There will always be the dichotomy, the believers in God and the non believers. And truly the non believers, materialistic and scientific to the point of making science a religion with its own new vocabulary and hierarchy (titles, credentials, etc), amuse me with their naivete if they don’t annoy me with their arrogance.

We too, as Brandy defends, have seen a correlation between more technology and less ability for poetic knowledge. We mean those children who are anxious if they don’t have something that fills their minds with images, noises, or things that give them stimulus and require fairly automated responses. The same goes for children who have had much ‘modern and bad schooling’, they become dependent of others telling them what to do, what comes next, and they become restless and uncomfortable if they are by themselves, they are in one word, deprived of their ability of being bored.

I saw the book Outside Lies Magic in Melisa’s blog, and I’ve ordered it but it is not been shipped yet, or at least I don’t have an email stating it. I HOPE it comes soon, it’s a book about daring to make your own connections, to explore. My husband told me that in our days, where technology wasn’t that prominent, he thinks we were happier. OK, it maybe much of that past times are always better feeling of middle age people, and Mystie, we are not detracting technology but more pointing to the extinction of poetic knowledge and filling the gap with technical and scientific experiences in their place. And my girls watch some shows on the computer, some movies too, they are allowed to use the computer for different things, I only say that we need to be careful that technology or media do not invade the pastures of life our poetic soul needs to get rest. And our spirituality rests also in those pastures, therefore the need to be careful with the tarnishing of our souls that modern life can bring. Remember the criticism of modern commodities? No, it’s not so much to throw dishwasher and AC, but to revive or preserve as much as the poetic we have in our life, relationships, and homeschools. I think there is some truth in the observation that a childhood outdoors, without the narrow demands of a modern education, leads to independent thinkers and poetic souls.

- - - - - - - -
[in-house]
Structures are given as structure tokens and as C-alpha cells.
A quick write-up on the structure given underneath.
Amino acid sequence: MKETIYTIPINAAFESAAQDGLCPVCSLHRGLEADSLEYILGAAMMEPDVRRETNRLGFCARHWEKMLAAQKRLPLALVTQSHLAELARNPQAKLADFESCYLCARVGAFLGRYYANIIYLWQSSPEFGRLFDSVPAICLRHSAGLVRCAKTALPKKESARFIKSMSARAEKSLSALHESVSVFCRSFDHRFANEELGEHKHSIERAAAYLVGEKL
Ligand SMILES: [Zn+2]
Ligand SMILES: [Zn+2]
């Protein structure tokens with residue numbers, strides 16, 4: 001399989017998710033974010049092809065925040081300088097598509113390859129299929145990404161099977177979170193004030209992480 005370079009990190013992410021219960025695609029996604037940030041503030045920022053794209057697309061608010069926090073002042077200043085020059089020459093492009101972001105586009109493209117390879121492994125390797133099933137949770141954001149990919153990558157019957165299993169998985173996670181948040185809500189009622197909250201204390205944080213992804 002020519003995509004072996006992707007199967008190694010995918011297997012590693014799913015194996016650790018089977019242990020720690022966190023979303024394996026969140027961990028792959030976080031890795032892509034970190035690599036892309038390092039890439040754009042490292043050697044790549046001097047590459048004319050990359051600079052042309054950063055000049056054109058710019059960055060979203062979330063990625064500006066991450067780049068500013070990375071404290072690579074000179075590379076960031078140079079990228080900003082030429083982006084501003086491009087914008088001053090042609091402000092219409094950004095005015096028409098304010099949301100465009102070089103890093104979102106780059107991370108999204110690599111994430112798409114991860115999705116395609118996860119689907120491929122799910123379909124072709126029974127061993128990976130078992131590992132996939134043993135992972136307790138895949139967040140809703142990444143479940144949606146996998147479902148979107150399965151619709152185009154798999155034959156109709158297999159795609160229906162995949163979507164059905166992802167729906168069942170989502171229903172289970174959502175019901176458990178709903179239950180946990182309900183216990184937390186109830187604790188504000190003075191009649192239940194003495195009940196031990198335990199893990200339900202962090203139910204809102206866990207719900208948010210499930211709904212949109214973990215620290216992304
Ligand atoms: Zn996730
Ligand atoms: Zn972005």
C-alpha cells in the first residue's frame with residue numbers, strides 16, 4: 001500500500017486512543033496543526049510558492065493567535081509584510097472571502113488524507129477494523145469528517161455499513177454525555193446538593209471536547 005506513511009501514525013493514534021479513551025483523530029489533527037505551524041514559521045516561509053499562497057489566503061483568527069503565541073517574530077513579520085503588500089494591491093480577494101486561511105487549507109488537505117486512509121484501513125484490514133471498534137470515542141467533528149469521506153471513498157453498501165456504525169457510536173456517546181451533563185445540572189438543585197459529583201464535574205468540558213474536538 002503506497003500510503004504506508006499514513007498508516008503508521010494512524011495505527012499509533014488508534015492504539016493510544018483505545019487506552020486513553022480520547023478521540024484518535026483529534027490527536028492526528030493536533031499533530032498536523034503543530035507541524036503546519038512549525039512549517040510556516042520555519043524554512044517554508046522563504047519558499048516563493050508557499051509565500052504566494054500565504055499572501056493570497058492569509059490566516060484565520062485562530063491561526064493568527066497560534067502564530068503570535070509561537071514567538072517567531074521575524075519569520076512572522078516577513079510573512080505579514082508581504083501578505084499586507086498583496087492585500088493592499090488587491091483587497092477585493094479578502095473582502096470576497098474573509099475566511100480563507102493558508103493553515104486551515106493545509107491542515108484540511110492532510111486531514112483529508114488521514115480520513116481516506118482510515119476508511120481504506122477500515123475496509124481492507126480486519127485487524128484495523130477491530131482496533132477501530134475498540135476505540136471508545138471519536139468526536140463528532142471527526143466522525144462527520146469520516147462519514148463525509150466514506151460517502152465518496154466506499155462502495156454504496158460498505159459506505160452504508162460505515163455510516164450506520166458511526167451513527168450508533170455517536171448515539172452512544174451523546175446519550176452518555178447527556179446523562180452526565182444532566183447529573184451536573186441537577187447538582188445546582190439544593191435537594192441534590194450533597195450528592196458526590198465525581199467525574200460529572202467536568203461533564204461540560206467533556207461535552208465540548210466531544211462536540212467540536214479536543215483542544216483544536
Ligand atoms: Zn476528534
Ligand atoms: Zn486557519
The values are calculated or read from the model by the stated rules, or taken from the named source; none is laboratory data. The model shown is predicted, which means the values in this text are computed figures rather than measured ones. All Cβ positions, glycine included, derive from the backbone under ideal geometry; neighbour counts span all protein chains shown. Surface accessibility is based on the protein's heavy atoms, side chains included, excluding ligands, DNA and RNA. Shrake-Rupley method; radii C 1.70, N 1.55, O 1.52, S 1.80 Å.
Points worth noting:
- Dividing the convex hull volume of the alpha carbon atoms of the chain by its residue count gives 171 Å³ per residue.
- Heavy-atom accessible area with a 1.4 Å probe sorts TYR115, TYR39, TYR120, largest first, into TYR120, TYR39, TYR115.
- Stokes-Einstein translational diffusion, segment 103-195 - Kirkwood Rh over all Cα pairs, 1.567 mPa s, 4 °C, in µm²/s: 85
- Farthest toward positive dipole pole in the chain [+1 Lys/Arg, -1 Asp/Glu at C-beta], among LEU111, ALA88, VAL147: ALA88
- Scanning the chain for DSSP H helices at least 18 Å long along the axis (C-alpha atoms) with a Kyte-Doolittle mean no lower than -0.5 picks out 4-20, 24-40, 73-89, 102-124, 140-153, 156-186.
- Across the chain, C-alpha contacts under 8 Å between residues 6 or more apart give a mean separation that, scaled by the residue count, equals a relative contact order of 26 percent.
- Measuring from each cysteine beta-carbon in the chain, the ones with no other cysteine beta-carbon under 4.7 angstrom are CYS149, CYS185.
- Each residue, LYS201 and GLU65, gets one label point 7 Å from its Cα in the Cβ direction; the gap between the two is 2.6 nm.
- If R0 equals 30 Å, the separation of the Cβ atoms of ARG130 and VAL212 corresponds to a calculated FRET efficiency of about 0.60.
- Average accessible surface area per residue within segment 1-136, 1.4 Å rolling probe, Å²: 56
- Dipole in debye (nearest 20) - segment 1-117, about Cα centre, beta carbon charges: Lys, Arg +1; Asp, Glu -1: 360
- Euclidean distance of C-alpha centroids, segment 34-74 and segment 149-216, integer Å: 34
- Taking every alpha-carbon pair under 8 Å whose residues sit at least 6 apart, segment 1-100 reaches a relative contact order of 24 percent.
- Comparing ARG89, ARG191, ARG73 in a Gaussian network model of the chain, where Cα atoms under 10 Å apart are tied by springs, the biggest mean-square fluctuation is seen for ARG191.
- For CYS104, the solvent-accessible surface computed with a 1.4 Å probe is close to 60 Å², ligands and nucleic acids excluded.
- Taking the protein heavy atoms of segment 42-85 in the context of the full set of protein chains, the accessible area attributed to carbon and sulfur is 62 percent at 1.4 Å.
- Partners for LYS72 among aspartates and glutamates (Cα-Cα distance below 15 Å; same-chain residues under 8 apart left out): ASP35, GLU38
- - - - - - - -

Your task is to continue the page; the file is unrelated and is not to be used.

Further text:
In the first post I wrote for the book club I ventured the thesis that homeschoolers are the last poetic souls, not with those words, but now, at the end of the book, I restate it with conviction. We, from the more school oriented to the radical unschooler, have an organic ability for the poetic (which is the beginning and end of knowledge). The extent to which you cultivate, how conscious or unconscious you are about it, it’s your own personal choice, but in homeschooling it lies the poetic. I am convinced we are the best school that our children could have, where LOVE is present and our EDUCATED intuition prepares them not for college, but for a well examined life.

An Intense Week

This has been a wonderful week, with a crisis day and all. It’s always this way when I plan. I read, I look, I panic…I go to sleep, I wake up, and I tell myself that I can do it, that WE can do it, actually, THEY ARE ALREADY DOING IT!